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US: High Court Considers Massachusetts Anti-Burma Law

by Steven MufsonWashington Post
March 23rd, 2000

When a British-born investment analyst met a Massachusetts state legislator at a news conference seven years ago to mark the end of sanctions on companies doing business in South Africa, they didn't expect to set off a battle over the constitutional limits of state governments and the making of U.S. foreign policy.

Simon Billenness, an analyst at an asset management firm for people who want to make socially responsible investments, asked state Rep. Byron Rushing whether he wanted to set his sights on a new target: the military junta in Burma. Rushing, a former community organizer and Harvard graduate who had become involved in anti-apartheid movement because of his African American heritage, said he didn't know much about Burma. Billenness said he would stop by.

Tearing a page from the anti-apartheid movement, the two drew up legislation that penalized companies with ties to Burma when those firms competed for Massachusetts state contracts. Using the draft of an anti-apartheid bill, they crossed out South Africa and inserted Burma. Two years later, the measure became law.

Yesterday, as "Free Burma" protesters marched outside, the Supreme Court heard oral arguments in a case brought by the National Foreign Trade Council, which charged the Massachusetts government with usurping the foreign policymaking power of Congress and the executive branch.

The Clinton administration, though it signed a different set of Burma trade restrictions just three months after the Massachusetts law, backed the trade group. Solicitor General Seth Waxman said yesterday that Massachusetts had created a "considerable source of irritation with our allies." He said that "instead of our conversations revolving around what to do about Burma, our conversations are revolving around what to do about Massachusetts."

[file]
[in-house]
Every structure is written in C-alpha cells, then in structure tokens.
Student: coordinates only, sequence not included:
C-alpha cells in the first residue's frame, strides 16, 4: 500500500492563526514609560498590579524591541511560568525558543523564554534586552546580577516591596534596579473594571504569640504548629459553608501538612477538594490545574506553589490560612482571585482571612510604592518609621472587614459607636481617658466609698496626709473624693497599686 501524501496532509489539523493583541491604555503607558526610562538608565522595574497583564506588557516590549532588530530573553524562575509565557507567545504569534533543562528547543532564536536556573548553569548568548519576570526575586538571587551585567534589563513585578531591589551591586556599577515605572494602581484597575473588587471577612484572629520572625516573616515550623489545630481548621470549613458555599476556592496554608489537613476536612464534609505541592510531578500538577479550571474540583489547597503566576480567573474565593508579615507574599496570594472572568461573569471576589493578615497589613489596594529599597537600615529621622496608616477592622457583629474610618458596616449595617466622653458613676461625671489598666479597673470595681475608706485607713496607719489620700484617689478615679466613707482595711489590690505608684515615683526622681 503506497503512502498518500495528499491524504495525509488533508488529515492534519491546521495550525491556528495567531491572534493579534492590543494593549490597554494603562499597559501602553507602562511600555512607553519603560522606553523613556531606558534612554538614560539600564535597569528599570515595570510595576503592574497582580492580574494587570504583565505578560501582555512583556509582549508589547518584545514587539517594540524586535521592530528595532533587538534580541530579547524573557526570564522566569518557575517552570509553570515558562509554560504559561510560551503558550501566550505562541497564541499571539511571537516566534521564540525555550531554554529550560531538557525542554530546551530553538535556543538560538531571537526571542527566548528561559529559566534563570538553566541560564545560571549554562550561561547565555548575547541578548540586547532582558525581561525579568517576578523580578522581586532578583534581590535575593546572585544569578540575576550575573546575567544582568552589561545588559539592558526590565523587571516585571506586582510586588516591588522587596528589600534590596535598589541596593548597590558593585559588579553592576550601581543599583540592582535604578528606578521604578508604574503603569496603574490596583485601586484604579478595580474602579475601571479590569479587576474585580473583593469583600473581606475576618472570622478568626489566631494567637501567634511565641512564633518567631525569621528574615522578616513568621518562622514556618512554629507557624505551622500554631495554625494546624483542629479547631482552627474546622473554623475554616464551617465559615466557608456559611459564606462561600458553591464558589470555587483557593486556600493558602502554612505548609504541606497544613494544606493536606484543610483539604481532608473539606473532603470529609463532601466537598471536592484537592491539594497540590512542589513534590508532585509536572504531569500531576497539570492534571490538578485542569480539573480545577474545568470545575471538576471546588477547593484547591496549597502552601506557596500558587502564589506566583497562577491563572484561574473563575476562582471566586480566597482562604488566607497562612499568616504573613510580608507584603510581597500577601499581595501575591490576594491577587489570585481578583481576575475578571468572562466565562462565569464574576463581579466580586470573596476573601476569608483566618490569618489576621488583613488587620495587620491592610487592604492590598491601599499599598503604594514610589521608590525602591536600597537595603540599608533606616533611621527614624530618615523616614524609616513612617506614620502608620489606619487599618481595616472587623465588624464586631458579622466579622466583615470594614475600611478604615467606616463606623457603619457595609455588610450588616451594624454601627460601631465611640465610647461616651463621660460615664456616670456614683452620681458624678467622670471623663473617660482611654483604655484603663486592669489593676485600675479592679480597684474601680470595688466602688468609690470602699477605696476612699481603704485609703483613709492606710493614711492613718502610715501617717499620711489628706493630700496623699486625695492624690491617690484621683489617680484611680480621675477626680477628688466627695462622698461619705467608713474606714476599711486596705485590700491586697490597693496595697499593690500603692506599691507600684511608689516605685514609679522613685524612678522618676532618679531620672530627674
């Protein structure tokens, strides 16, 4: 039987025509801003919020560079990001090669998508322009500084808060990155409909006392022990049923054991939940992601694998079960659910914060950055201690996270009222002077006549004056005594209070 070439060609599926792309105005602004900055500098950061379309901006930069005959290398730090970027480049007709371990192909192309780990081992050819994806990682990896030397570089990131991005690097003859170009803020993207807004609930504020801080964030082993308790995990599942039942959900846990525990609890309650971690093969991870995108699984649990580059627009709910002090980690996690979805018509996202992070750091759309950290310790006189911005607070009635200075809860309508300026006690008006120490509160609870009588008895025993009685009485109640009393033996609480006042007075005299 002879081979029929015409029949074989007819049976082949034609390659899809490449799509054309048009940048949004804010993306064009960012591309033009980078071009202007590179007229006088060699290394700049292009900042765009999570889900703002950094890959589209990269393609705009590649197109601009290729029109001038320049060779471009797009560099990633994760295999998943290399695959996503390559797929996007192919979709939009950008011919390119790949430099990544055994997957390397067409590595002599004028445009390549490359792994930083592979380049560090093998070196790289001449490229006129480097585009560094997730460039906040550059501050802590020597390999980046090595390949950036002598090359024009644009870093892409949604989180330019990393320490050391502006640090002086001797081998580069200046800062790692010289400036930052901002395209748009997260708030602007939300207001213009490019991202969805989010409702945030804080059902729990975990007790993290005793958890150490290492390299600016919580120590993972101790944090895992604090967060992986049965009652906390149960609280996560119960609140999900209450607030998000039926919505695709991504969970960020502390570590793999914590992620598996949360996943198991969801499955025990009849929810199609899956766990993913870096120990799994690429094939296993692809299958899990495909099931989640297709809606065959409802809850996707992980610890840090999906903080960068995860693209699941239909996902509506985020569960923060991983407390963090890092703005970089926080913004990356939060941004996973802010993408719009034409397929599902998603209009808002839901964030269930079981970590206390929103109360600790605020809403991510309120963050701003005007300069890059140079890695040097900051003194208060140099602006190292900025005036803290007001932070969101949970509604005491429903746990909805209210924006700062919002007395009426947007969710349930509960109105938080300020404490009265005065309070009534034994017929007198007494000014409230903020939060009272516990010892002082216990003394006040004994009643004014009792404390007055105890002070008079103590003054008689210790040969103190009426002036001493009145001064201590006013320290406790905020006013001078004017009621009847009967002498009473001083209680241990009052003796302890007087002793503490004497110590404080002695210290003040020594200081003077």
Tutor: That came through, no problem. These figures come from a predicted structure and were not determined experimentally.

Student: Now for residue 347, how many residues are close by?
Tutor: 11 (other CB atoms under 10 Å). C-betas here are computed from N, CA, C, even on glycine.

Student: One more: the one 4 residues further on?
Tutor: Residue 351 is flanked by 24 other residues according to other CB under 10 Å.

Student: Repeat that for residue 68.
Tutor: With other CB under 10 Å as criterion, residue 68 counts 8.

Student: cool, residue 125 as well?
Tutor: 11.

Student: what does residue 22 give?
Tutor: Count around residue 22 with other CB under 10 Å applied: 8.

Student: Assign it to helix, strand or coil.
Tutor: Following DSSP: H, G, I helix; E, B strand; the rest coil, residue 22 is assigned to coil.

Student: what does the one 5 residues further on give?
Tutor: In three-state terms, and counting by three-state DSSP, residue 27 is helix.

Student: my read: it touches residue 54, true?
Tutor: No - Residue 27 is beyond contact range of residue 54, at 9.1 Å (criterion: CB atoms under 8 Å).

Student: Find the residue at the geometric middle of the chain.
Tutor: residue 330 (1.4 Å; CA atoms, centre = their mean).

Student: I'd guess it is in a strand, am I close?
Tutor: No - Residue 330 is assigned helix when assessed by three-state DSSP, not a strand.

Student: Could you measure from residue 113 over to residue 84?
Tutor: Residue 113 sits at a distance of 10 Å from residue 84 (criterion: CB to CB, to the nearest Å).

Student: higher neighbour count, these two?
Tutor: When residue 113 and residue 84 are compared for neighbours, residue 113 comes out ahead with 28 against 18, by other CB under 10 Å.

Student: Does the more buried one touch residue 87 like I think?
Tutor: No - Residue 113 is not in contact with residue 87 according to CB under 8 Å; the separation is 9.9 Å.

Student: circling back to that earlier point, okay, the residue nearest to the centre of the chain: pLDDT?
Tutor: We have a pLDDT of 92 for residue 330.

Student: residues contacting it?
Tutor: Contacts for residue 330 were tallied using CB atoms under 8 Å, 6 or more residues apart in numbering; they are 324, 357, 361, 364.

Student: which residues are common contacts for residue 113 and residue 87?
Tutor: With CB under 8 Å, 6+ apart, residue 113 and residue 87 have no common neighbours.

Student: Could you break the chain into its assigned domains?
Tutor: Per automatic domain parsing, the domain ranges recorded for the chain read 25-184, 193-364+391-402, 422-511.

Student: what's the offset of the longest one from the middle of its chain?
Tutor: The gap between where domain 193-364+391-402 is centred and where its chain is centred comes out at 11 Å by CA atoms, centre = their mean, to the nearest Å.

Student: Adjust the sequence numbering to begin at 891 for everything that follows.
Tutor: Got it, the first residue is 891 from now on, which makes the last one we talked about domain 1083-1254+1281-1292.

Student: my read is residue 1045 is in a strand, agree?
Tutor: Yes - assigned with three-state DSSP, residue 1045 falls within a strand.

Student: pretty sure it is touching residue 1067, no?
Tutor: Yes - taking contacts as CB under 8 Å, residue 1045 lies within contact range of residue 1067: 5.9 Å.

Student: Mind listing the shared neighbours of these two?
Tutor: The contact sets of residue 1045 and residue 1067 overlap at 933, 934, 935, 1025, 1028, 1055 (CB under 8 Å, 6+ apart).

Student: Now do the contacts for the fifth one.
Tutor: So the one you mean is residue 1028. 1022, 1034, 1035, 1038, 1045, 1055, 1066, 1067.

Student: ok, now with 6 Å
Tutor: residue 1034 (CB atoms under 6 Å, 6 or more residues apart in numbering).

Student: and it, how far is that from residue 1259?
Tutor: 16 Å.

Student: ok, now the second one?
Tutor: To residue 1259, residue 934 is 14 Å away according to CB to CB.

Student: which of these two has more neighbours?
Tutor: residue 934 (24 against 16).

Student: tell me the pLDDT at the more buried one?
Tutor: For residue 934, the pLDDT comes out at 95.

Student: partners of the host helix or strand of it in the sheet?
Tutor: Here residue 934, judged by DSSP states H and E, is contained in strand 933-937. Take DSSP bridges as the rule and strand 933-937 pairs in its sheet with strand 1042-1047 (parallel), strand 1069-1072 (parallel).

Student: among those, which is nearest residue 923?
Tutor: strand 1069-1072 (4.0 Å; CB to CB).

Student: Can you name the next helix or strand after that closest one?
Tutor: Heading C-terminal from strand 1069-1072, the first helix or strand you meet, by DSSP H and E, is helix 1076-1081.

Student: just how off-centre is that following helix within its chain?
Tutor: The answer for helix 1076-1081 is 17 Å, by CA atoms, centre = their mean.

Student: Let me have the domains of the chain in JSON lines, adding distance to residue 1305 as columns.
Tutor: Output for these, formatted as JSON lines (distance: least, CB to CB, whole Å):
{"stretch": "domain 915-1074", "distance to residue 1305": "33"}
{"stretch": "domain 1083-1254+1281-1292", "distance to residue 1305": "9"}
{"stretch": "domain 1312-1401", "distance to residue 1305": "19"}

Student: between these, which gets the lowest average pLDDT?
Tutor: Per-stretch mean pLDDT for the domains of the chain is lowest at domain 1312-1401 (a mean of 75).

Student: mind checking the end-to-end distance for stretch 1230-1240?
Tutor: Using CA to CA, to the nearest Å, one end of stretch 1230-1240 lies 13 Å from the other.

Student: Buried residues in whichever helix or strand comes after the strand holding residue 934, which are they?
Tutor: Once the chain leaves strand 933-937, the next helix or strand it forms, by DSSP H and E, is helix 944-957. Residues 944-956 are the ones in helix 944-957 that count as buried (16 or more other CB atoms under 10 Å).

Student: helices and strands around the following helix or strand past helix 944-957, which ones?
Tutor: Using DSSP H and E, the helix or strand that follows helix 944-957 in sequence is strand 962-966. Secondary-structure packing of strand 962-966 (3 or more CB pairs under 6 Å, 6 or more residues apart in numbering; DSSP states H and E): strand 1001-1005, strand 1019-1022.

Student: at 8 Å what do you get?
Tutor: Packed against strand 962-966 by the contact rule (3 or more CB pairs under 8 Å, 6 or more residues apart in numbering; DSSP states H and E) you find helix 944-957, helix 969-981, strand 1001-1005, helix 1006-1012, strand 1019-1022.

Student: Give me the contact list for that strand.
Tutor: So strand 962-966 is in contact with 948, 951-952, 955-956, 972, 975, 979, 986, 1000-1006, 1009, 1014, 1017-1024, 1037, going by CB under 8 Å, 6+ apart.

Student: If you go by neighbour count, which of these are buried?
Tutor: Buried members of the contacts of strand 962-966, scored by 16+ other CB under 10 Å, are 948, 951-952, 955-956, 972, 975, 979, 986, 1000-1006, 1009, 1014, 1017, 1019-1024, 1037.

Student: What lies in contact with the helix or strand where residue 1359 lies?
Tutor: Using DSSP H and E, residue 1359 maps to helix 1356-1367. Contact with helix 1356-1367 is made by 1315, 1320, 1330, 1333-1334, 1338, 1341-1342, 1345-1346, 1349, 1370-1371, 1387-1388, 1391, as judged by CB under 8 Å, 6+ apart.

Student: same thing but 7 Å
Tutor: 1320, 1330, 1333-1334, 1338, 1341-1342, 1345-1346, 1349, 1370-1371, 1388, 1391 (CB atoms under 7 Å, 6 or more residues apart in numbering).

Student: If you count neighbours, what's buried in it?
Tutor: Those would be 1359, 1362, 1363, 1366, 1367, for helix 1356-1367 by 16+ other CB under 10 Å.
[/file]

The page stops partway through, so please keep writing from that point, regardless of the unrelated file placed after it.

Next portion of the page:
Attorney Thomas A. Barnico, representing Massachusetts, argued that the state has the same right as any consumer to make its own choices in the marketplace and express itself by "disassociating the state" and withholding "tax funds from the indirect support of brutal regimes abroad."

The case has attracted broad interest. The European Union and Japan have accused Massachusetts of violating World Trade Organization rules that prohibit discrimination in purchases by governments. Former president Gerald R. Ford and 27 former Cabinet members from Republican and Democratic administrations also filed a brief that said state and local trade sanctions "confuse foreign countries" by "diluting the uniformity and clarity of the nation's position."

The case has divided members of Congress, pitting Sen. Edward M. Kennedy (D-Mass.) and other leading liberal Democrats against Sen. Dianne Feinstein (D-Calif.), Sen. Richard G. Lugar (R-Ind.), Rep. Doug Bereuter (R-Neb.) and others in opposing briefs to the Supreme Court.

Although Kennedy usually doesn't favor states' rights as a guideline in other areas, the group he joined argued that the Massachusetts Burma law was within the state's powers under the federal system.

Supporters of the Massachusetts Burma law say it resembles state boycotts dating to the Boston Tea Party, when pre-Revolution Massachusetts activists blocked goods from Britain. Chief Justice William H. Rehnquist said yesterday that since the Constitution wasn't in effect then, he wasn't sure there was a connection. But Justice Antonin Scalia noted that the Constitution is specific about foreign policy powers taken away from the states, and purchasing laws aren't among them.

Barnico also argued that Congress possesses the power to override the Massachusetts law and has failed to do so. Instead, Congress passed a measure Clinton signed that prohibited all but humanitarian assistance to Burma, now known as Myanmar; directed the executive branch to vote against assistance in international financial institutions; barred Myanmar officials from entering the United States; and gave the president power, which he used in 1997, to restrict new investment in Myanmar.

The Burma military junta took power in 1988 after losing 80 percent of the seats in parliament to the National League for Democracy. The regime first jailed, then restricted the NLD's popular leader Aung San Suu Kyi, who won the Nobel Peace Prize in 1991. She has called for international economic sanctions.





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